Usually I try to do my 30 minutes of yoga before the kids get up in the morning. Sometimes I do it during the PBS time after lunch. On weekend mornings, though, I usually do it while the kids are eating breakfast. But that doesn't always lend itself to introspection and concentration.
It cracks me up that yoga has become a trendy pastime for busy women looking for some time of their own. I could achieve the total mind-body-spirit consciousness if I were doing the ansanas in a wall-less room at the top of a mountain, with nothing but chimes and the wind to distract me. The living room during after breakfast on a Saturday morning, however, is a different matter.
I sit cross-legged and close my eyes to focus on my breathing. Maia toddles in. "Hi, Mama! Yoga?" She sits next to me and crosses her ankles. I peek at her and see she has put the backs of her hands on her knees and closed her eyes. She peeks at me and giggles.
2. Upward-facing dog and cat poses
I'm on my knees and hands, flexing my back. Maia stands on my feet and says, "Horsey!" which is her way of asking for a ride. She tries to pull herself up on my back as I focus on my breathing.
3. Child pose, modified (forehead on arms)
I rest on my heels and put my head on my arms. "Yee-YEAH!" shrieks Maia, at last able to sit on my back and pretend to ride off into the living room.
4. Downward-facing dog pose
I jostle Maia off my back and balance on my hands and feet, pushing my elbows toward my knees and concentrating on getting my heels to reach the ground (just half an inch to go!). Maia giggles with glee and executes a perfect down-dog, then collapses in laughter.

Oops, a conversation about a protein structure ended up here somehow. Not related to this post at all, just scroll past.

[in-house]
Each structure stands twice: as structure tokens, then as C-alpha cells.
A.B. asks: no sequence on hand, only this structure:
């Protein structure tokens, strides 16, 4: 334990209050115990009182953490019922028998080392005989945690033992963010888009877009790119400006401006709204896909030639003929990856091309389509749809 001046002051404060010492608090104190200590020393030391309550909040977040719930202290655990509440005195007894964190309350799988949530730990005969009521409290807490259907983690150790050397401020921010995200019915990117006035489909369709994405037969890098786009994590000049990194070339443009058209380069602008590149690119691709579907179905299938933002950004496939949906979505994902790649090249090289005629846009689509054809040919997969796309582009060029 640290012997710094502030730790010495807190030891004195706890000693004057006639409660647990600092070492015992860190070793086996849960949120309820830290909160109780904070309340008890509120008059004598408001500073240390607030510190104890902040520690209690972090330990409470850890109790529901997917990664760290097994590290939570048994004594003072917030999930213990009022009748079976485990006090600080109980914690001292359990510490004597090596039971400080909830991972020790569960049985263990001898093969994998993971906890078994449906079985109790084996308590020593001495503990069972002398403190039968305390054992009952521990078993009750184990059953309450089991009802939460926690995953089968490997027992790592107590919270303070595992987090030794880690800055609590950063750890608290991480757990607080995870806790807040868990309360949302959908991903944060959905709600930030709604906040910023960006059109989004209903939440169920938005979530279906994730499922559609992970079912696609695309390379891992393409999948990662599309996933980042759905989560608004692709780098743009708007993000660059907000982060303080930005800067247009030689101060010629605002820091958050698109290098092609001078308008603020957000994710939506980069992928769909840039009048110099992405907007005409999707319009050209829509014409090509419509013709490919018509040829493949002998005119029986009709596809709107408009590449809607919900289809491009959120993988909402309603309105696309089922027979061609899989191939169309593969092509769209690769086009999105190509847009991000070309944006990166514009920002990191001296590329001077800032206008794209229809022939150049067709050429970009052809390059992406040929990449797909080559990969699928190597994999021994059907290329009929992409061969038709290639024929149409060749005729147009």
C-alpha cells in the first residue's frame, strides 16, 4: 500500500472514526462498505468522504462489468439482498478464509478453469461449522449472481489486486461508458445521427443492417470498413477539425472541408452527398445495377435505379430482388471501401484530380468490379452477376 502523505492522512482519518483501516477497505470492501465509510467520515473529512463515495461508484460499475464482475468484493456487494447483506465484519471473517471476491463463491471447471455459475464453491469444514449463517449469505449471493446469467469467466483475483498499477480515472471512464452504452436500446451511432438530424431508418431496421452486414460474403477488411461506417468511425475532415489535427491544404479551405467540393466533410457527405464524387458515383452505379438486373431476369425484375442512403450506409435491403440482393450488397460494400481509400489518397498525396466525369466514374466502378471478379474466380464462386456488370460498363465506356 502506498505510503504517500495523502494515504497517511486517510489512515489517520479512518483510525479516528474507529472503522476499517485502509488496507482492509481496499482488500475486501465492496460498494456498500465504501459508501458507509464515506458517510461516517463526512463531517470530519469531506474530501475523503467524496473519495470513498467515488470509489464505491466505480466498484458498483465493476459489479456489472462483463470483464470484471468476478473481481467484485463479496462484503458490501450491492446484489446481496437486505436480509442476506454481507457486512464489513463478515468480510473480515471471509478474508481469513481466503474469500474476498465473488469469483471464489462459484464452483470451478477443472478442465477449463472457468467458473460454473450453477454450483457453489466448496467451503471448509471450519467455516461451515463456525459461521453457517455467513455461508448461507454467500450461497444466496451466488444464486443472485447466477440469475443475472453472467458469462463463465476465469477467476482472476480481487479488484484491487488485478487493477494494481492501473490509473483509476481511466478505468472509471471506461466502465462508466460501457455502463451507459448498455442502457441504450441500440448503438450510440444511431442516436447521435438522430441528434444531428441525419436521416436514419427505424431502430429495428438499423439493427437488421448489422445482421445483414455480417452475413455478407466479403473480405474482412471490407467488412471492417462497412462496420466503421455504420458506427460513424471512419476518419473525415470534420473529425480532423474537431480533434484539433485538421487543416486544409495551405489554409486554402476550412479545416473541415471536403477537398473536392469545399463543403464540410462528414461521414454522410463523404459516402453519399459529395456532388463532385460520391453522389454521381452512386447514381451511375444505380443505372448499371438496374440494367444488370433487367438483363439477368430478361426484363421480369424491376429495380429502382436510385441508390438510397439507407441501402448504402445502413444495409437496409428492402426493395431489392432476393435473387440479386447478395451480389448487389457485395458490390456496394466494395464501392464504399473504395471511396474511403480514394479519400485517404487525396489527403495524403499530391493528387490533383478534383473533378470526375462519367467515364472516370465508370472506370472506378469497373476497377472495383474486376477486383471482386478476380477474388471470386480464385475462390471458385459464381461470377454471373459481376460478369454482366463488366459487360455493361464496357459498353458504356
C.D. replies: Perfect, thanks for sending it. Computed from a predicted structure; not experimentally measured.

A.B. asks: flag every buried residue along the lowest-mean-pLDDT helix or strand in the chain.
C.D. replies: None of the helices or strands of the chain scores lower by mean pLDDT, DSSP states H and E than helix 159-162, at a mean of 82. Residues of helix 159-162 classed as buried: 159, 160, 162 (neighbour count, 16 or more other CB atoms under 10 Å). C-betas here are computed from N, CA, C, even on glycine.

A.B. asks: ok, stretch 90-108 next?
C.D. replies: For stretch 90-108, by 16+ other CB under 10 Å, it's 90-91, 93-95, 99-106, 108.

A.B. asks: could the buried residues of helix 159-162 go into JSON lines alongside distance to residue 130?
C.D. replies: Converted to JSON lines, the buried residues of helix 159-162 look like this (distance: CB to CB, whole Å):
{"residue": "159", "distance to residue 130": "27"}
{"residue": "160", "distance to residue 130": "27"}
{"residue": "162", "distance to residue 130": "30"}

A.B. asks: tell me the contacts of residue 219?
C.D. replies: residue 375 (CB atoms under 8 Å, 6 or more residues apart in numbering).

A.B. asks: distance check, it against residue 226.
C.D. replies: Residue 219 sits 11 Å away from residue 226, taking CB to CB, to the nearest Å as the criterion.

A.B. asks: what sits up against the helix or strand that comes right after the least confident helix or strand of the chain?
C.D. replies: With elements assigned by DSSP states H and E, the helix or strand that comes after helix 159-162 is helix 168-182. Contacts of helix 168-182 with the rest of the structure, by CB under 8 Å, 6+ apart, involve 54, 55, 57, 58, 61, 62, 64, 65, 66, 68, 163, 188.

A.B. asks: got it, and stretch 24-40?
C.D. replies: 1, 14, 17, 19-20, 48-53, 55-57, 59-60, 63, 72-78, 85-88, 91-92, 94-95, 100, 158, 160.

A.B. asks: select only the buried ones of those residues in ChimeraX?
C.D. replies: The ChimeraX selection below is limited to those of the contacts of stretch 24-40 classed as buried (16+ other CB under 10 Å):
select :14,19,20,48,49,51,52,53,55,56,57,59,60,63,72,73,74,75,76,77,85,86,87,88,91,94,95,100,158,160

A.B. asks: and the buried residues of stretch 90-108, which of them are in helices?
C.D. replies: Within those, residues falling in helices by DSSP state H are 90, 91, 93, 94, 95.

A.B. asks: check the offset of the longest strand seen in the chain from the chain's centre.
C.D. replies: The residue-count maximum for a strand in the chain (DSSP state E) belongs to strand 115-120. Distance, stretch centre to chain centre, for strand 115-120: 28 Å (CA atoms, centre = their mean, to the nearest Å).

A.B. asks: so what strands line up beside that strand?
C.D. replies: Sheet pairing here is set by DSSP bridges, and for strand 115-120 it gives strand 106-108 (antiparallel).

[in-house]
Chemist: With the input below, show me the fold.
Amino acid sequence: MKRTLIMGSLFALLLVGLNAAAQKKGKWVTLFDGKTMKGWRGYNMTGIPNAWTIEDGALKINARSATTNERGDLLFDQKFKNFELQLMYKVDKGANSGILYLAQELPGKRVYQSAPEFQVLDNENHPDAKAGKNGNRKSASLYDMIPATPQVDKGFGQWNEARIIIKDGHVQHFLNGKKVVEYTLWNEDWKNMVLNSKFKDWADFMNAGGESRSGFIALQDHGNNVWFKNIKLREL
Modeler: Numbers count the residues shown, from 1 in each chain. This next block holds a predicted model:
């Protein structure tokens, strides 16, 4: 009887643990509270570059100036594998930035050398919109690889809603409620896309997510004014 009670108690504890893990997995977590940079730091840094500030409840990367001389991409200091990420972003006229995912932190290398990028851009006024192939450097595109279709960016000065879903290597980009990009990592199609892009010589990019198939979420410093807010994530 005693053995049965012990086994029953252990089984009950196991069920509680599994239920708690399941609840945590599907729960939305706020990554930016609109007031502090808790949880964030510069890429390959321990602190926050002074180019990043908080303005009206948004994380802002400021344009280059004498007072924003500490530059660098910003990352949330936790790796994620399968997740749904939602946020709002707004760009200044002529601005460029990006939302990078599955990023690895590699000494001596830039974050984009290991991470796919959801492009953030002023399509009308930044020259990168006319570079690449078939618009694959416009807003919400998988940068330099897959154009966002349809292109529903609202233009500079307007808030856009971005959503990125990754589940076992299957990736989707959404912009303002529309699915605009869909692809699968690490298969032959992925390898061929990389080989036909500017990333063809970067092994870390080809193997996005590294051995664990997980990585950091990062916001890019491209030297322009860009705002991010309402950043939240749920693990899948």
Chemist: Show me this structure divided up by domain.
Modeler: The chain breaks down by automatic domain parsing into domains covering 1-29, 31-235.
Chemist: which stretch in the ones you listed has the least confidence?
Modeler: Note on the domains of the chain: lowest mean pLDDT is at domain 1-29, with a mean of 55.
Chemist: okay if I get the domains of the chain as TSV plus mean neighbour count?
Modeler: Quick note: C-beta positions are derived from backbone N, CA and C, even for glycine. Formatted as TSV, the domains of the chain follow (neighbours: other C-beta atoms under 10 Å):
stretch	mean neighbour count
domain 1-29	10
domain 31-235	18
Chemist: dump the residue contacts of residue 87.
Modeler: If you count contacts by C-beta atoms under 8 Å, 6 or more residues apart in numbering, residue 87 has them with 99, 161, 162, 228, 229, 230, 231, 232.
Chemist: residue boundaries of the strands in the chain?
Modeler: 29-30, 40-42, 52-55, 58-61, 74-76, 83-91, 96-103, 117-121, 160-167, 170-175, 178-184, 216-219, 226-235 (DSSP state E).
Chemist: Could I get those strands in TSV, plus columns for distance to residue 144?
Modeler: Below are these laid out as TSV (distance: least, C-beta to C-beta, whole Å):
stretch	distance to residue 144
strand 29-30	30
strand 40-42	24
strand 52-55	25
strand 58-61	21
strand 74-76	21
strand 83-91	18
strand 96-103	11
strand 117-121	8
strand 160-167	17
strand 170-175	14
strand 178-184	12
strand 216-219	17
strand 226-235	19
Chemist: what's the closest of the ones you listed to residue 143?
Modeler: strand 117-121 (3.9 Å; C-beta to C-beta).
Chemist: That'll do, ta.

5. Mountain pose
I stand, focusing on feeling grounded. Maia stands in front of me, facing me, and tries not to laugh at my serious face.
6. Tree pose
I carefully put my right leg on my left knee and put my hands in the prayer position in front of my heart chakra. Maia copies me, breathing through her nose, and falls over after three seconds. I am impressed. John comes in and says, "Yoga? Cool!" and walks out.
7. Triangle pose
My least favorite. As I struggle to bend, Maia stands with her legs apart and windmills her upper body, tongue hanging out, making a "blaaa, blaaa, blaaa" noise.
8. Warrior I
I reach for the ceiling. Maia stands on tip toes and says, "Up high! Up high! Down low!"
9. Forward bend
I bend over to reach for my toes. "Down low!" Maia says again. "Yeah!" I touch my toes, possibly for the first time since 1989.
10. Warrior II
I bend into Warrior II, reaching for our map of Russia, 1792-1916, that covers the wall in the living room. It's hard for Maia to hold this pose, but she points as well, and says, "Over dere!"
11. Hip-flexor exercises
These are non-traditional poses that strengthen my hip flexors and my back. I just kind of throw them in there. One consists of resting on my sitting bones (as opposed to my tailbone) with my legs bent and feet off the ground, arms stretched out straight. Maia does a V-sit as I struggle to keep my feet off the floor. Show-off.
12. Forward bend, sitting
I sit with my legs out straight. Maia sits on my legs. I push her off. She gets back on. "No, Maia," I say. "It's yoga time, not sit-on-lap time." Hollers. Threats of tears. I push her off one last time and make a desperate reach for my feet, hooking the first joint of my middle fingers over the first joint of my big toes. I breathe 10 times. Maia counts with me.
13. Knees to chest
On my back, I bring my knees to my chest. Maia says "Hee! Hee! Heeeeeeeeee." Her face peers over my knees as she tries to climb on my legs. "Eh-pain! Eh-pain!" I have to tell her that now is not time to play airplane.
14. Spine twist
Maia sits on my knees to keep them grounded. Bouncing doesn't help, though.
15. Corpse pose
I lie quietly on my back, eyes closed, convinced that Maia is going to come over and belly-flop onto my third chakra. She does. So much for savasana.